Why is Trinidad & Tobago’s diversification taking so long?

So far, the sweet scent of petrodollars has been much more attractive than real economic diversification

WORDS By: Kevin Baldeosingh
Published in CONTACT Magazine

In his book The Armchair Economist, University of Rochester economist Steven E. Landsburg writes: “Most of economics can be summarised in four words: ‘People respond to incentives.’ The rest is commentary.”

This is the basic reason why Trinidad and Tobago has failed to diversify its economy for the past 40 years: because politicians and business people responded to the powerful incentive of oil and gas money.

As for the commentary, Dr Ronald Ramkissoon, a former senior economist at Republic Bank and present member of the Economic Development Advisory Board, noted in an interview with Contact that “while there was identification of the need for diversification, there was never any sustainable effort towards investment in research, innovation and the promotion of new high-value goods and services for export.”

In the last budget debate, prime minister Dr Keith Rowley listed the sectors that the government has identified as the foundations of diversification (see next page). They have all been on the table of different administrations for the past 15 years, but state funding has seen no returns, particularly in the creative industries. As Table 1 shows, the state has never made any consistent attempt to facilitate economic diversification, since this must necessarily start with government getting out of commercial activity.

Economists’ view

UWI economist Dr Roger Hosein, in an email response to Contact, argued: “The fundamental reason why the Trinidad and Tobago economy failed to appropriately diversify in the period 1999-2016 was simply because the state did not show enough initiative, and the incentives or the lack of incentives provided to the Trinidad and Tobago economy were of such a nature that it was biased against the non-oil export-oriented sector.”

Dr Ramkissoon had a somewhat different view. “Diversification will only take root with the private sector, domestic and foreign, in the lead,” he said. “The Dutch Disease has the all-embracing pull effect of all resources, human and capital, towards the booming energy sector and the non-tradable services sector. The focus of politician and people is similarly drawn away from diversification.”

Economic trouble? Seize the moment

The apparent paradox, therefore, is that diversification is more likely to happen when an economy is in trouble rather than when it is booming. The economic slump in the mid-1980s resulted in a Divestment Secretariat being set up in the 1990s, with several state enterprise companies being closed or privatised. But this process was quickly reversed once the new energy boom started in 2003.

TABLE 1: State involvement in commercial companies

Type 1970 1983 2008
Wholly owned 5 34 44
Majority owned 4 14 7
Partly owned 2 18 29
Total 11 66 80
Sources: Williams, E. 1970; Mottley, W., 2008; Farrell, T., 2012

The French economist Jean Tirole, winner of the 2014 Nobel Prize, in his book Economics for the Common Good, notes that broad reforms of the state have happened in countries like Great Britain, Finland, Germany, Sweden, Canada and Chile. He adds that while “it is often objected that … a struggling economy makes it hard to compensate the losers of reforms … the great majority of the reforms mentioned here were made precisely under difficult conditions.”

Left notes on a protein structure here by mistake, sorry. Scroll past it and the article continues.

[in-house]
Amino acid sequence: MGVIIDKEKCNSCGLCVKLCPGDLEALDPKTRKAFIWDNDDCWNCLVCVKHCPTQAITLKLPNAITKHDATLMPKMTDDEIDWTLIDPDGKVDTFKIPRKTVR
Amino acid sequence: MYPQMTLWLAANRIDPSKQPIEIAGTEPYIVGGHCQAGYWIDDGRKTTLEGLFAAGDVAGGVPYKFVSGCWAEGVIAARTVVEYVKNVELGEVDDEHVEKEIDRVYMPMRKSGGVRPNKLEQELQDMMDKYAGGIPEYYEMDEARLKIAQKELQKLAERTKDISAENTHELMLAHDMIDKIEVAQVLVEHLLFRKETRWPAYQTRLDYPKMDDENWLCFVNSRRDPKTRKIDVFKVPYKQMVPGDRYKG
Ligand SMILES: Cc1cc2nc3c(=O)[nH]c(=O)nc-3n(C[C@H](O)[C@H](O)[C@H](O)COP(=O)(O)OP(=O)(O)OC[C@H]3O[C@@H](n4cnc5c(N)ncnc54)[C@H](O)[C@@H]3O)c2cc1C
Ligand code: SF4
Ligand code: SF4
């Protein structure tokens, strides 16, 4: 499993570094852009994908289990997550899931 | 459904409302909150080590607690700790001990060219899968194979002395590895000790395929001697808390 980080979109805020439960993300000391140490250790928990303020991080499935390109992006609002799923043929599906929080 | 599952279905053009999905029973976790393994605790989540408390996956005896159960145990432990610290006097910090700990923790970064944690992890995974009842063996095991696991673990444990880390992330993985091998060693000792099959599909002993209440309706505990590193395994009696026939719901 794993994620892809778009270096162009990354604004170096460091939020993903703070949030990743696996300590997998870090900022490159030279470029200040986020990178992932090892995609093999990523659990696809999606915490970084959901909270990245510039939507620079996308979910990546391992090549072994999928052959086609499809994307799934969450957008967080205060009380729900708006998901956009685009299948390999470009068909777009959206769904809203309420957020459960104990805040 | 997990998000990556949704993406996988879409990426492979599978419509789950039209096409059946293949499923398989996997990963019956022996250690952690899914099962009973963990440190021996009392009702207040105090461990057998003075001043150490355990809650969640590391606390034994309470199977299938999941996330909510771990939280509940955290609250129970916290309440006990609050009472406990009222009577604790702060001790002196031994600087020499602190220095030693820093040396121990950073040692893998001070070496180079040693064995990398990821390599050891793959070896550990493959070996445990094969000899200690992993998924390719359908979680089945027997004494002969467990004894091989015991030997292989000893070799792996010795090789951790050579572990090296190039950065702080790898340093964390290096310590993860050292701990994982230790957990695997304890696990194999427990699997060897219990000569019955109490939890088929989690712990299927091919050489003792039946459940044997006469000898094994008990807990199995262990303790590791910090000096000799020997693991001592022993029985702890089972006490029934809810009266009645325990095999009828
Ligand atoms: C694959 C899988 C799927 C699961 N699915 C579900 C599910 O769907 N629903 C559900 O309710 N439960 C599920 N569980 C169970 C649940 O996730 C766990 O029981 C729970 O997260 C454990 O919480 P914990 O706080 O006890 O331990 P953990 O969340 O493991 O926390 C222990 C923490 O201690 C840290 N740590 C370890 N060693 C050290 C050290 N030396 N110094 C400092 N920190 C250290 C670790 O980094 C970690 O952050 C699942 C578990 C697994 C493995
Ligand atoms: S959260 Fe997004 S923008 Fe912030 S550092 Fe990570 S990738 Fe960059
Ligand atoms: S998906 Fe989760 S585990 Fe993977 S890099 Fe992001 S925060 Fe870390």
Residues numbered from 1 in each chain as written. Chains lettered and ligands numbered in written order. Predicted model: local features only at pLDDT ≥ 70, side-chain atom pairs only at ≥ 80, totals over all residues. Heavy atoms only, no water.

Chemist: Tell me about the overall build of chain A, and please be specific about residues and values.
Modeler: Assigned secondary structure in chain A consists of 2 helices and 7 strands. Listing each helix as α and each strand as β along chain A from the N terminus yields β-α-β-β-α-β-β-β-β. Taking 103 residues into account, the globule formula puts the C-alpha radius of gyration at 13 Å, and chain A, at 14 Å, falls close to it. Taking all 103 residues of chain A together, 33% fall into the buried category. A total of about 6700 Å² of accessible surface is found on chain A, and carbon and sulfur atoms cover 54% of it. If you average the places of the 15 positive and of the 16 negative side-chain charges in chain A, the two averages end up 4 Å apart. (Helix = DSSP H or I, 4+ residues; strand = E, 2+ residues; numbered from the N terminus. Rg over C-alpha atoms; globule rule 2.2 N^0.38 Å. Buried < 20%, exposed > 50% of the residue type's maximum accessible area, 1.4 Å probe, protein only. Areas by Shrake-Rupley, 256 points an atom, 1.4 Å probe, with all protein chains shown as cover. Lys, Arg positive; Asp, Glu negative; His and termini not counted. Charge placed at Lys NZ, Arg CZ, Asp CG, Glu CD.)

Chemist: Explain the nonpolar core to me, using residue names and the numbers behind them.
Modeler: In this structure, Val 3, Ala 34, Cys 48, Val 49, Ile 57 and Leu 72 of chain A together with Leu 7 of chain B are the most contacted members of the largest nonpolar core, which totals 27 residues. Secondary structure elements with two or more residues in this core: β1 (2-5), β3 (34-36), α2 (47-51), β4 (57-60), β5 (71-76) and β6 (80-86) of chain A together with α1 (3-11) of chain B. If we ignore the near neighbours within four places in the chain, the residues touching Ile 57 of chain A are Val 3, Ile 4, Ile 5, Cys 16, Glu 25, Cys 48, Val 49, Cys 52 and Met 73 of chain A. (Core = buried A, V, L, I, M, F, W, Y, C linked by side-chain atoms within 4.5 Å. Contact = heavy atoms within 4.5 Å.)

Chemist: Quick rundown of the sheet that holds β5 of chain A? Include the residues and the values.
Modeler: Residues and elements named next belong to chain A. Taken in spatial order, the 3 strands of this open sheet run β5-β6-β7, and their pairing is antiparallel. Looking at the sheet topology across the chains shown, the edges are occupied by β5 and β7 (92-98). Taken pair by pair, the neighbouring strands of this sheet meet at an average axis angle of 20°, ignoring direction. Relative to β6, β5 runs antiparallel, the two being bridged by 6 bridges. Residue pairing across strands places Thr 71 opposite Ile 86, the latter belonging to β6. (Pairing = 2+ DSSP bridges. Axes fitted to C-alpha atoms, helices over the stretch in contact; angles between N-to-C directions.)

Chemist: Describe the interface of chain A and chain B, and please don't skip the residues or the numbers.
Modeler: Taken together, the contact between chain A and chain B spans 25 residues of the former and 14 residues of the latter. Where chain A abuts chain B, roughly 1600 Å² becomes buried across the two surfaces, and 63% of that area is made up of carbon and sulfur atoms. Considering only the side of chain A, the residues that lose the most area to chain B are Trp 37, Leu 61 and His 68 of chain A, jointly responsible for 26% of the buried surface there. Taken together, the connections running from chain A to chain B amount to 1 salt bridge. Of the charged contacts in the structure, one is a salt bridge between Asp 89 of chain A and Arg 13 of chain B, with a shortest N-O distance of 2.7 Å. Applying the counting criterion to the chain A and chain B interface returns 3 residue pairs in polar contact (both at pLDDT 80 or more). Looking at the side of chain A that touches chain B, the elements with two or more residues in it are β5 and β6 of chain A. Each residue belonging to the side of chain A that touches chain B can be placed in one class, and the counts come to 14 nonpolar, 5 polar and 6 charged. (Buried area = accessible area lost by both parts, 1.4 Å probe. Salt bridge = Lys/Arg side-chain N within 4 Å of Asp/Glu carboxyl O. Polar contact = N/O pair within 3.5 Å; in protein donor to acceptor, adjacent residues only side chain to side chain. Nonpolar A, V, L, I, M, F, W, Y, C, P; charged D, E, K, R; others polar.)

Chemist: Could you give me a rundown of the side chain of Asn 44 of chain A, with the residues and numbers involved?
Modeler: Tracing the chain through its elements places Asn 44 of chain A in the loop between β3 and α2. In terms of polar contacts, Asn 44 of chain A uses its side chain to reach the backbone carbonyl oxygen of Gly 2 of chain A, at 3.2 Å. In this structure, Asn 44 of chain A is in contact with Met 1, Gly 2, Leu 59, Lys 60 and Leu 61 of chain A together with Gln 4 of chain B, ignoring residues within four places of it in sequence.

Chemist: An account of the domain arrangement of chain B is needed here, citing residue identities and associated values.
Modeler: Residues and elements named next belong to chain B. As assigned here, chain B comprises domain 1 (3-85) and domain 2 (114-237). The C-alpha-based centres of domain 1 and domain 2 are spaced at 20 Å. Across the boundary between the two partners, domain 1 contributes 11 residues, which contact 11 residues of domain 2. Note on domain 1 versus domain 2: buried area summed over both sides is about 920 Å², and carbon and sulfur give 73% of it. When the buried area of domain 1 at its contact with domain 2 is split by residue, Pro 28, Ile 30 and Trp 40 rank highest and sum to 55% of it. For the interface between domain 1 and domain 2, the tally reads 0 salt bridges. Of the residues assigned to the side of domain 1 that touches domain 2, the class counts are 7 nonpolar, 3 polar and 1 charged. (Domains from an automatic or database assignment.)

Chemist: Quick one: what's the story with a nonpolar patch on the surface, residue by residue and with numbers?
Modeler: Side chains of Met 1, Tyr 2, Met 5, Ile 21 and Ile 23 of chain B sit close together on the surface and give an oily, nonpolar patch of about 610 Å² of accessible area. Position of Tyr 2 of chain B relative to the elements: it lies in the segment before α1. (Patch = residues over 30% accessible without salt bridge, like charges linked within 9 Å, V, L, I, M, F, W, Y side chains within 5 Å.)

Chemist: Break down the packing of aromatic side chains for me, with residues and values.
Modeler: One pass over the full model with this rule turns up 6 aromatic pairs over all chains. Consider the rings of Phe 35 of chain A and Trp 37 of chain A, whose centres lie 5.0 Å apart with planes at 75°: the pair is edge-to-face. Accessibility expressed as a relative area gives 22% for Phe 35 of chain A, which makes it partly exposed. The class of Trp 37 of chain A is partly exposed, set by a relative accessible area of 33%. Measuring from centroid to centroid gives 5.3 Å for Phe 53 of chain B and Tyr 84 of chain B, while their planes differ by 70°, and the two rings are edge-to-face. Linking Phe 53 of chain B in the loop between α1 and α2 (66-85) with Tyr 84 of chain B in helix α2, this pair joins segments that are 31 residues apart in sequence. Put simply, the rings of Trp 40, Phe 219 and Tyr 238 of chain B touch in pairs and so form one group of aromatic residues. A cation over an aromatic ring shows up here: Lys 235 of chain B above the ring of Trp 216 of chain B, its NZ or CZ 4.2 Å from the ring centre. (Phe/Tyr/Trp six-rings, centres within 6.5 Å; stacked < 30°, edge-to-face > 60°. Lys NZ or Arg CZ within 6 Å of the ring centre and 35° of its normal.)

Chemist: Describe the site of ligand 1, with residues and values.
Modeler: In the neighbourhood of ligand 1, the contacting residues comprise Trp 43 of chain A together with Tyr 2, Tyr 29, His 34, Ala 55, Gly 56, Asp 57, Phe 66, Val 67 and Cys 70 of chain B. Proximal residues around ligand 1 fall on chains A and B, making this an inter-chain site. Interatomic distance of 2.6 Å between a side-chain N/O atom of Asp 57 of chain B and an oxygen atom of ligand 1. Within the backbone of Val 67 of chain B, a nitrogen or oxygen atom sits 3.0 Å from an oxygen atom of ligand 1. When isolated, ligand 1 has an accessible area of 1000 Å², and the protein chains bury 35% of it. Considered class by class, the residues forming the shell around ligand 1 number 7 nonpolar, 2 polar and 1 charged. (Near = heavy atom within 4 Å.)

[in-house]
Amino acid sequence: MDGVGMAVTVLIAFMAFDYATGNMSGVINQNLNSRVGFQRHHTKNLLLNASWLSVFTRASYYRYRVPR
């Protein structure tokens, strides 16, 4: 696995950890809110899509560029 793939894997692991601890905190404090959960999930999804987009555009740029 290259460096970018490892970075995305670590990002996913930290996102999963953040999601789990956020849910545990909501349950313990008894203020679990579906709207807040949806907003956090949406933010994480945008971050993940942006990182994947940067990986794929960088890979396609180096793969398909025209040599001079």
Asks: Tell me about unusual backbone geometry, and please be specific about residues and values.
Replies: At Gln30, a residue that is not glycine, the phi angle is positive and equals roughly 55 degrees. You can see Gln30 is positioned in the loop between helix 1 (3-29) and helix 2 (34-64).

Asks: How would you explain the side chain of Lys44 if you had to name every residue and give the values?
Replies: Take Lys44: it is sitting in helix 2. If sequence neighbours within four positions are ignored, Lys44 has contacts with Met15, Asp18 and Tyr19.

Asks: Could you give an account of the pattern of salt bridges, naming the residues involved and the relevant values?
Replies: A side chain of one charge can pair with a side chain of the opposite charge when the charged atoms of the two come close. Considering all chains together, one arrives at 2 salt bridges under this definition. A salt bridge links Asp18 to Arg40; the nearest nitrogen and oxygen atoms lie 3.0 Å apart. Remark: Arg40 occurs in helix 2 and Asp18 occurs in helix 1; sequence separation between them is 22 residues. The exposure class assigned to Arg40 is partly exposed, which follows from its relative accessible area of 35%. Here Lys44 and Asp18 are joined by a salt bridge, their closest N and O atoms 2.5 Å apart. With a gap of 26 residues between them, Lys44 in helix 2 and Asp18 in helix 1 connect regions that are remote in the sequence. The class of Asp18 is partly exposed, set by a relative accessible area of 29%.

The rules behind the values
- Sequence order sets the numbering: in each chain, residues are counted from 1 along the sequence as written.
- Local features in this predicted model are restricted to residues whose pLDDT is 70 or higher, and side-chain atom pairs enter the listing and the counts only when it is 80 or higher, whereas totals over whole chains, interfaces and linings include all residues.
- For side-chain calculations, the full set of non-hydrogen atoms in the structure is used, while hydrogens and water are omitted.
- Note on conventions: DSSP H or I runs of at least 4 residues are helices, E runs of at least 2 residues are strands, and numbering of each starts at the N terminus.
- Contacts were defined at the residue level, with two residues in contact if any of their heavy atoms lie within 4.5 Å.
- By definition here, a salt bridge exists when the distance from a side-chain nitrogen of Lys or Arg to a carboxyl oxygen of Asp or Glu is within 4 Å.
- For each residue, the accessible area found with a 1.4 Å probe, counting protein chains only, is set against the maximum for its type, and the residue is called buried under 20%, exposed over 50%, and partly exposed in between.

Difficult conditions are exactly what T&T is now in, so the real question is whether the political incentives have changed sufficiently to trigger genuine economic reforms.

Diversification in the 2017 budget speech


“The Government is taking some bold steps to rectify the sector’s shortcomings by first addressing the governance arrangements in the sector. We have dissolved the Tourism Development Company Limited (TDC) which has been replaced by two new companies, one with oversight for Trinidad and the other with oversight for Tobago, bearing in mind that the two destinations have unique characteristics.”

Creative industries

“In the Music Sector, we will implement an Artiste Portfolio Development Programme which will support artistes who are on the verge of becoming export ready by leveraging their creative talents on the worldwide market. We will also launch a Production Assistance and Script Development Programme which will provide funding to film makers to produce high quality films.”


“We are rolling out a new yachting policy which will establish a foundation to improve the competitiveness of the industry, with a view to establishing Trinidad and Tobago as the premier destination for yacht repair services.”

Business process outsourcing

“In this area we are pursuing a two-pronged approach: taking the necessary steps to make Trinidad and Tobago a preferred location for ‘Business Process Outsourcing’ (BPO); and making Trinidad and Tobago an International Financial Centre, offering a broader range of services and serving as a financial gateway to Latin America and the Caribbean.”


“We shall establish an agricultural financial support programme, with grants for new and existing farmers of up to $100,000. Appropriate training or certification in farming will be a prerequisite for applicants for this financial assistance since the objective is to encourage rational, efficient and methodical participation in agriculture.”


As published in the first issue of the rebranded CONTACT Magazine, produced by MEP for the Trinidad & Tobago Chamber of Industry & Commerce. Read the full issue here, which was unveiled at the Chamber’s April 2018 AGM


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